would have set a good example."

Hearing a person always pitied and spoken slightingly of does not
predispose any one to fall in love with that person. Miss Garscube's
feelings of this nature still lay very closely folded up in the bud,
and the early spring did not come at this time to develop them in the
shape of George Eildon; but Mr. Eildon was sufficiently foolish and
indiscreet to fall in love with her. Miss Adamson was the only one of
the three ladies cognizant of this state of affairs, but as her creed
was that no one had any right to make or meddle in a thing of this
kind, she saw as if she saw not, though very much interested. She saw
that Miss Garscube was as innocent of the knowledge that she had made
a conquest as it was possible to be, and she felt surprised that Lady
Arthur's sight was not sharper. But Lady Arthur was--or at least had
been--a woman of the world, and the idea of a penniless man allowing
himself to fall in love seriously with a penniless girl in actual
life could not find admission into her mind: if she had been writing
a ballad it would have been different; indeed, if you had only known
Lady Arthur through her poetry, you might have believed her to be a
very, romantic, sentimental, unworldly person, for she really was all
that--on paper.

Mr. Eildon was very frequently in the studio where Miss Adamson and
her pupil worked, and he was always ready to accompany them in their
excursions, and, Lady Arthur said, "really made himself very useful."

It has been said that John and Thomas both approved of her ladyship's
summer expeditions in search of the picturesque, or whatever else she
might take it into her head to look for; and when she issued orders
for a day among the hills in a certain month of August, which had been
a specially fine month in point of weather, every one was pleased.
But John and Thomas found it nearly as hard work climbing with the
luncheon-basket in the heat of the midsummer sun as it was when they
climbed to the same elevation in midwinter; only they did not slip
back so fast, nor did they feel that they were art and part in a
"daftlike" thing.

"Here," said Lady Arthur, raising her glass to her lips--"here is to
the memory of the Romans, on whose dust we are resting."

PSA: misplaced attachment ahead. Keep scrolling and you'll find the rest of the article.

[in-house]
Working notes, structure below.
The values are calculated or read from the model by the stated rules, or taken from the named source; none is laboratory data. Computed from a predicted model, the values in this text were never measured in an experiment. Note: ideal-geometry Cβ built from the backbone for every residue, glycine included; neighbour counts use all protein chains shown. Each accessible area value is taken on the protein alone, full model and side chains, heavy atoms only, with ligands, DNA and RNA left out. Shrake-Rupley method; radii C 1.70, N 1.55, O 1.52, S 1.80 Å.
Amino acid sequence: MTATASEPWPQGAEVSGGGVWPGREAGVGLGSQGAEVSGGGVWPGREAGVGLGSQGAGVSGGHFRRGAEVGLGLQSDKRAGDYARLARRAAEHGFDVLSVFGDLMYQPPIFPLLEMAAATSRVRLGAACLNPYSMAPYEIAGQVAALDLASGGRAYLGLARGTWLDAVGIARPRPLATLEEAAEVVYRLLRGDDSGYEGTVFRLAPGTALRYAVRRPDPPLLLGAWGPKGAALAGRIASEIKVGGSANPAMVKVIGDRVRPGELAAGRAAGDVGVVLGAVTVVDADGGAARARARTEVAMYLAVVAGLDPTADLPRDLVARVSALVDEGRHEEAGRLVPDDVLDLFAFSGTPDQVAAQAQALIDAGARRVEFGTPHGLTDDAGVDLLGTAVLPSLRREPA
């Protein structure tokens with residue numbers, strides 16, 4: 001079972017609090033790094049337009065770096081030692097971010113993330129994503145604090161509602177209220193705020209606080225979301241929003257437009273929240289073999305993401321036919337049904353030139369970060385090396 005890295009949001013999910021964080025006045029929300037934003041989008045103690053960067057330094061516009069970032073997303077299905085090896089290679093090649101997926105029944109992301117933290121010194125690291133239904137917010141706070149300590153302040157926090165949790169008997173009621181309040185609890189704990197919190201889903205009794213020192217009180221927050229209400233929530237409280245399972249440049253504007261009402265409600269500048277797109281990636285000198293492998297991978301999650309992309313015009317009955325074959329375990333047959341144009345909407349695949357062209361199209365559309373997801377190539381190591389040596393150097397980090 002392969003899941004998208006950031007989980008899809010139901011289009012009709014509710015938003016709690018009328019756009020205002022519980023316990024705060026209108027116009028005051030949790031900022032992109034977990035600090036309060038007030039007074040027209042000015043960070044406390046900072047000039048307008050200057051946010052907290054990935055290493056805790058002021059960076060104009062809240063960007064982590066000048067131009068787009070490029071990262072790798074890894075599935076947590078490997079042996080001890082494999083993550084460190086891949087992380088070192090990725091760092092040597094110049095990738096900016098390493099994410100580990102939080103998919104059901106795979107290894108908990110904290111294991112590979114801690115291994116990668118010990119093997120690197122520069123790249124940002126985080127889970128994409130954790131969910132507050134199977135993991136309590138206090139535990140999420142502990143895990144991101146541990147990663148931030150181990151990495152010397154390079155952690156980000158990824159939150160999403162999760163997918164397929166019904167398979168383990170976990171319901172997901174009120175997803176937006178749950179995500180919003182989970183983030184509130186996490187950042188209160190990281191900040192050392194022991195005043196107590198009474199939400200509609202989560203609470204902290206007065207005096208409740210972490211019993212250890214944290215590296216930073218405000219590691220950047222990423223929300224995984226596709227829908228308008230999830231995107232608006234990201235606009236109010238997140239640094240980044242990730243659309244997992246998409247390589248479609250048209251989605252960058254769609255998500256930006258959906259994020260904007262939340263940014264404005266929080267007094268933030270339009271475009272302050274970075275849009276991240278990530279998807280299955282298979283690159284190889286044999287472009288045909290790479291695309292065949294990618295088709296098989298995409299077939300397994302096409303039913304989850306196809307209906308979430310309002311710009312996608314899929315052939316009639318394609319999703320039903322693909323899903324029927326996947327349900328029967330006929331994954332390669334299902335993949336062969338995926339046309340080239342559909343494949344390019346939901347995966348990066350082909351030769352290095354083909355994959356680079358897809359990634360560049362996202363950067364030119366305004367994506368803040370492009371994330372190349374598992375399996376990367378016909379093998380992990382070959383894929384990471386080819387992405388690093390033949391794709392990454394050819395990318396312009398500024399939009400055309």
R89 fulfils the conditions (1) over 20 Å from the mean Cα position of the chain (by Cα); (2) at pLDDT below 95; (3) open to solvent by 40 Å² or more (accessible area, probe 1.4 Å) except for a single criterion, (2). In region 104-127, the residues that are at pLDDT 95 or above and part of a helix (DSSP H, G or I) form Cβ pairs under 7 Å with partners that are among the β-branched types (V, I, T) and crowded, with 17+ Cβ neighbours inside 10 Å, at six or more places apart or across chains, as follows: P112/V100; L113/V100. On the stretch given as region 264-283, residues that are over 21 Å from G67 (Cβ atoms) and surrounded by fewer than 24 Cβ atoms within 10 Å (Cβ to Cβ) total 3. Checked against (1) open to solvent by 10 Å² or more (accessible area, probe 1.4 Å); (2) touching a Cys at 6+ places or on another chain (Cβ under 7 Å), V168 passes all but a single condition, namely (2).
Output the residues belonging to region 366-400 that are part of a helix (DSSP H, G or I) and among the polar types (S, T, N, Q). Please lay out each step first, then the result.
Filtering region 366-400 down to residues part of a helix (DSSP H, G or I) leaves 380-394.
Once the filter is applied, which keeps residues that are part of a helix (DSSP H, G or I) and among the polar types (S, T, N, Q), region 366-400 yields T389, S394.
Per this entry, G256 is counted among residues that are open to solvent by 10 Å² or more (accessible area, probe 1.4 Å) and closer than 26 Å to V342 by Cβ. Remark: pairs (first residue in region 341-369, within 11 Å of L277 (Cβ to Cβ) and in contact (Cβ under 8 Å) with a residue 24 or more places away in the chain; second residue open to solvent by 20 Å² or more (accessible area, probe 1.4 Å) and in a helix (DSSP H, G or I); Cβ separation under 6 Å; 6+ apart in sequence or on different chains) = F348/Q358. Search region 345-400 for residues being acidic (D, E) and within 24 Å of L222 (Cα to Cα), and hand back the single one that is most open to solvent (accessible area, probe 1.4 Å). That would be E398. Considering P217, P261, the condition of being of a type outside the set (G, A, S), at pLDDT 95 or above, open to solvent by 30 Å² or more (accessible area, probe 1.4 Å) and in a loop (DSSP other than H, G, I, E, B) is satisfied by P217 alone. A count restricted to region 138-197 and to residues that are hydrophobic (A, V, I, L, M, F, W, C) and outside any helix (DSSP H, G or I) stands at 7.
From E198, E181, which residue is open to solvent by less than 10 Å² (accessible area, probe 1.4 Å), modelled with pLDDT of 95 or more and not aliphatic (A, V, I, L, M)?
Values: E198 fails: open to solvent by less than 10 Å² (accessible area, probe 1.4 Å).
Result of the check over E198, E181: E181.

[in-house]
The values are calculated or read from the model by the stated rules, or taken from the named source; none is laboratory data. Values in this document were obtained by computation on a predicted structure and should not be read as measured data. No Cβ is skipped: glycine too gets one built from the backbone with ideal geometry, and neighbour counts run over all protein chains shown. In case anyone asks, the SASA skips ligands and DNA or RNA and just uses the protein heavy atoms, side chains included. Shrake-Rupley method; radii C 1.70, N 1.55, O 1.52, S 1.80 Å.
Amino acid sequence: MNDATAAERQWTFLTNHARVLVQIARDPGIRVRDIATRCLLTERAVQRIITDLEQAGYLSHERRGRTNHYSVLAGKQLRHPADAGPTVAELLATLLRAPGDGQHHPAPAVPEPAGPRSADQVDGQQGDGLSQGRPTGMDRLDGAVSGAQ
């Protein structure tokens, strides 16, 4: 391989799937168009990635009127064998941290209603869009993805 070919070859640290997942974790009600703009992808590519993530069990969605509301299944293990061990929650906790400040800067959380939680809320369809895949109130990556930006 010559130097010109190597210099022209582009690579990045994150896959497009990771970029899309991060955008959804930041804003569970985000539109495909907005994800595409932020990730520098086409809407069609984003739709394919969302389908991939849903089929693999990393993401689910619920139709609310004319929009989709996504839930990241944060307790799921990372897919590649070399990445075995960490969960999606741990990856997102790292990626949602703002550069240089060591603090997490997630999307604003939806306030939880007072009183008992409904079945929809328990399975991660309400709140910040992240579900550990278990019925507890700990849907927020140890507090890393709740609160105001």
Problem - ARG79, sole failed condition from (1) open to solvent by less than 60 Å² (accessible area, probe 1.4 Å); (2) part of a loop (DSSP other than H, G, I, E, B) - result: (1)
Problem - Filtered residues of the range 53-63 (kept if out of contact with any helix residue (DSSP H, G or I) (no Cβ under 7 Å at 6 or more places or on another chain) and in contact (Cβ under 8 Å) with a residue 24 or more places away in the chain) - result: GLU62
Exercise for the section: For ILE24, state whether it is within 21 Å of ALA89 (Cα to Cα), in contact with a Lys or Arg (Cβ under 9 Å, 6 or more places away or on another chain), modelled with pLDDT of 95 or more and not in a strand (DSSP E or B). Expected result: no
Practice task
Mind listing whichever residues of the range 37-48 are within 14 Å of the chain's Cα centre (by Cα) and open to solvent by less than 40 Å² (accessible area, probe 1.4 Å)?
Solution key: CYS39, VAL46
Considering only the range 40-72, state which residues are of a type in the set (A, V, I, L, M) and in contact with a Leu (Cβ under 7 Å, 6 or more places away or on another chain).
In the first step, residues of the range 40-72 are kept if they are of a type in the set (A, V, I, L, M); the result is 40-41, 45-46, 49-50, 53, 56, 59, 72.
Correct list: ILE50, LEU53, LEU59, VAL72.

"Amen!" said Mr. Eildon; "but I am afraid you don't find their dust a
very soft resting-place: they were always a hard people, the Romans."

"They were a people I admire," said Lady Arthur. "If they had not been
called away by bad news from home, if they had been able to stay, our
civilization might have been a much older thing than it is.--What do
_you_ think, John?" she said, addressing her faithful servitor. "Less
than a thousand years ago all that stretch of country that we see so
richly cultivated and studded with cozy farm-houses was brushwood
and swamp, with a handful of savage inhabitants living in wigwams and
dressing in skins."

"It may be so," said John--"no doubt yer leddyship kens best--but I
have this to say: if they were savages they had the makin' o' men in
them. Naebody'll gar me believe that the stock yer leddyship and me
cam o' was na a capital gude stock."

"All right, John," said Mr. Eildon, "if you include me."

"It was a long time to take, surely," said Alice--"a thousand years to
bring the country from brushwood and swamp to corn and burns confined
to their beds,"

"Nature is never in a hurry, Alice," replied Lady Arthur.

"But she is always busy in a wonderfully quiet way," said Miss
Adamson. "Whenever man begins to work he makes a noise, but no one
hears the corn grow or the leaves burst their sheaths: even the clouds
move with noiseless grace."

"The clouds are what no one can understand yet, I suppose," said Mr.
Eildon, "but they don't always look as if butter wouldn't melt in
their mouths, as they are doing to-day. What do you say to thunder?"

"That is an exception: Nature does all her best work quietly."

"So does man," remarked George Eildon.

"Well, I dare say you are right, after all," said Miss Adamson, who
was sketching. "I wish I could paint in the glitter on the blade of
that reaping-machine down in the haugh there: see, it gleams every
time the sun's rays hit it. It is curious how Nature makes the most
of everything to heighten her picture, and yet never makes her bright
points too plentiful."

Just at that moment the sun's rays seized a small pane of glass in the
roof of a house two or three miles off down the valley, and it shot
out light and sparkles that dazzled the eye to look at.

"That is a fine effect," cried Alice: "it looks like the eye of an
archangel kindling up,"

"What a flight of fancy, Alice!" Lady Arthur said. "That
reaping-machine does its work very well, but it will be a long time
before it gathers a crust of poetry about it: stopping to clear
a stone out of its way is different from a lad and a lass on the
harvest-rig, the one stopping to take a thorn out of the finger of the
other."